Scott Sumner is out with a new post making some rather bold assertions about last night’s BOJ announcement which sent the Nikkei Index surging 4.8%. Specifically, he says this action discredits Keynesian economics, RBC theory, and the theory of beggar-thy-neighbor policies. He says:
“Yes, these theories have been totally discredited dozens of times before over the past few years (or decades if you wish), but piling on is fun!”
Sigh. Let’s touch on that first one specifically since it is beyond comical.
First, we should note that the only reason Sumner’s new theory (Market Monetarism) even exists is because old school Monetarism was proven substantially flawed over the last 20 years. No serious economist adheres to the original beliefs of Milton Friedman and after many of Friedman’s ideas were debunked these “Monetarist” economists had to rebrand themselves around some new unifying set of ideas. The result of this rebranding is what is now known as “Market Monetarism”. It’s based on a lot of the same old defunct Friedman ideas, but with a new target (NGDP Targeting). So it’s rather comical to declare that a certain set of theories have been “totally discredited” when your new theory only exists because your original underlying set of theories was totally discredited to the point where Monetarists had to distance themselves from the original moniker.
But here’s the more interesting point he makes in reference to the idea that the BOJ’s announcement and the subsequent 4.8% rally in stocks proves something:
“Of course Keynesian economics predicts the QE announcement would have no effect on stock prices, as the new money would just sit there as excess reserves. You are just swapping one low interest government asset for another low interest government asset. (In fairness, I don’t know what the BOJ is buying in this case, but we also see big market effects when central banks just buy government bonds.)”
Sumner is saying that, just because the Nikkei rose 4.5%, then that means Keynesian economics has been wrong and Market Monetarism is right. How in the world can such a naive conclusion be made by such a seemingly intelligent person? Of course a Central Bank with legal authority to purchase assets on a secondary market (as the BOJ has) can cause the stock market to rise. If the Federal Reserve had the legal authority to buy out every S&P 500 firm that’s listed at a 100% premium then they certainly could. Does this mean that those firms are actually worth twice what they were before the Fed intervened? Does it mean the economy is twice as strong as before? Of course not. It just means that the Central Bank had the legal authority to buy stocks. The fact that Central Banks and markets often respond to events in silly ways does not prove or disprove anything. Scott is a big fan of looking at short-term stock market moves and then declaring a certain position to have been “proven”. It’s amateurish and silly – the sort of stuff you expect to hear from a day trading monkey with no real investment experience, not a macroeconomist….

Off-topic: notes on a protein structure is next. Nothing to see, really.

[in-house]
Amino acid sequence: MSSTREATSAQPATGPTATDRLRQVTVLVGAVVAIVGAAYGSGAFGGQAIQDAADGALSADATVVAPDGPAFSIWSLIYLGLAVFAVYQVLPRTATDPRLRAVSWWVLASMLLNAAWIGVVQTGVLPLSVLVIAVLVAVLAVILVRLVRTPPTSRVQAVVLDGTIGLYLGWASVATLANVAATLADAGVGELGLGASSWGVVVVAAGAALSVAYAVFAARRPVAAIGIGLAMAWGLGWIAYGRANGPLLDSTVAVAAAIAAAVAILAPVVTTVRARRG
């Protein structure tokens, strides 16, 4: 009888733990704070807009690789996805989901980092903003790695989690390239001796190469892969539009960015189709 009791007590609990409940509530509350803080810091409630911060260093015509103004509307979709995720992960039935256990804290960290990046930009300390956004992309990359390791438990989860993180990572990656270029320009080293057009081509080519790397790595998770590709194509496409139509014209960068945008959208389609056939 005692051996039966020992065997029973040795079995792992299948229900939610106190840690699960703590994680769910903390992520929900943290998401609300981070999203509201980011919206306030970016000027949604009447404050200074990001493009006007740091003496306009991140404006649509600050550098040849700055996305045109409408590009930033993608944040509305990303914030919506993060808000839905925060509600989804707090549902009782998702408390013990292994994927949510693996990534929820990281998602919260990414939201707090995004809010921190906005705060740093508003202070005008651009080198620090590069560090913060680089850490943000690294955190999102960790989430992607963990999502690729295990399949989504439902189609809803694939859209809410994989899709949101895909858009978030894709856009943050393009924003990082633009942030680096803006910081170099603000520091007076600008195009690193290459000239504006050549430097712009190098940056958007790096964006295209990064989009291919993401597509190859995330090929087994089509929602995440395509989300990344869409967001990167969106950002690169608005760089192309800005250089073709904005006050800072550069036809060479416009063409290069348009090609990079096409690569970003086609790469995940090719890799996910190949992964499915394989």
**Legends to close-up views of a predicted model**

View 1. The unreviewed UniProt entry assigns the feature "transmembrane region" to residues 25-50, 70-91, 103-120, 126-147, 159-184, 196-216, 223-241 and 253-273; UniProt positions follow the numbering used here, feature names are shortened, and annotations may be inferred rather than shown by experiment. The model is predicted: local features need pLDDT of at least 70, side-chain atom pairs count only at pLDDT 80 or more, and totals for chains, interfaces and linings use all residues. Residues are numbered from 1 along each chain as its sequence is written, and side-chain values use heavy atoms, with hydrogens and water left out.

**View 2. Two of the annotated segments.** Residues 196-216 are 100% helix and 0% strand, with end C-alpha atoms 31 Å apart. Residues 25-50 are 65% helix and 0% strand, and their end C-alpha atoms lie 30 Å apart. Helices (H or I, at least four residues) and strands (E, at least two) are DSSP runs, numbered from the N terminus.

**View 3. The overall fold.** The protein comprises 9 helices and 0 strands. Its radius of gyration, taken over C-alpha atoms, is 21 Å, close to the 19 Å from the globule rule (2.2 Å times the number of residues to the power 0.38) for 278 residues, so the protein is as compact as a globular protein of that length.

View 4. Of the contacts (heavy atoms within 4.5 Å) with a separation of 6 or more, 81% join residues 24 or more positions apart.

More importantly, how does this “disprove” Keynesian economics? His reference to the Liquidity Trap is obviously a reference to “New Keynesian” economics. But New Keynesian economics ins’t even real Keynesian economics. New Keynesians could easily be called “New Monetarists” as Greg Mankiw explained long ago. New “Keynesian” economics is just tidbits of what Keynes believed in mixed with a heavy serving of Milton Friedman. So you get the Chicago School’s microfoundations, rational expectations, the natural rate of interest and lots of other essential pieces of Monetarism. This is not Keynesian. It is Monetarism!
Of course, this isn’t the first time that a Chicago School economist has declared the death of “Keynesian” economics. Robert Lucas famously did the same thing in the early 80’s right before the intellectual collapse of his own school….
Mr. Roche is the Founder and Chief Investment Officer of Discipline Funds.Discipline Funds is a low fee financial advisory firm with a focus on helping people be more disciplined with their finances.
He is also the author of Pragmatic Capitalism: What Every Investor Needs to Understand About Money and Finance, Understanding the Modern Monetary System and Understanding Modern Portfolio Construction.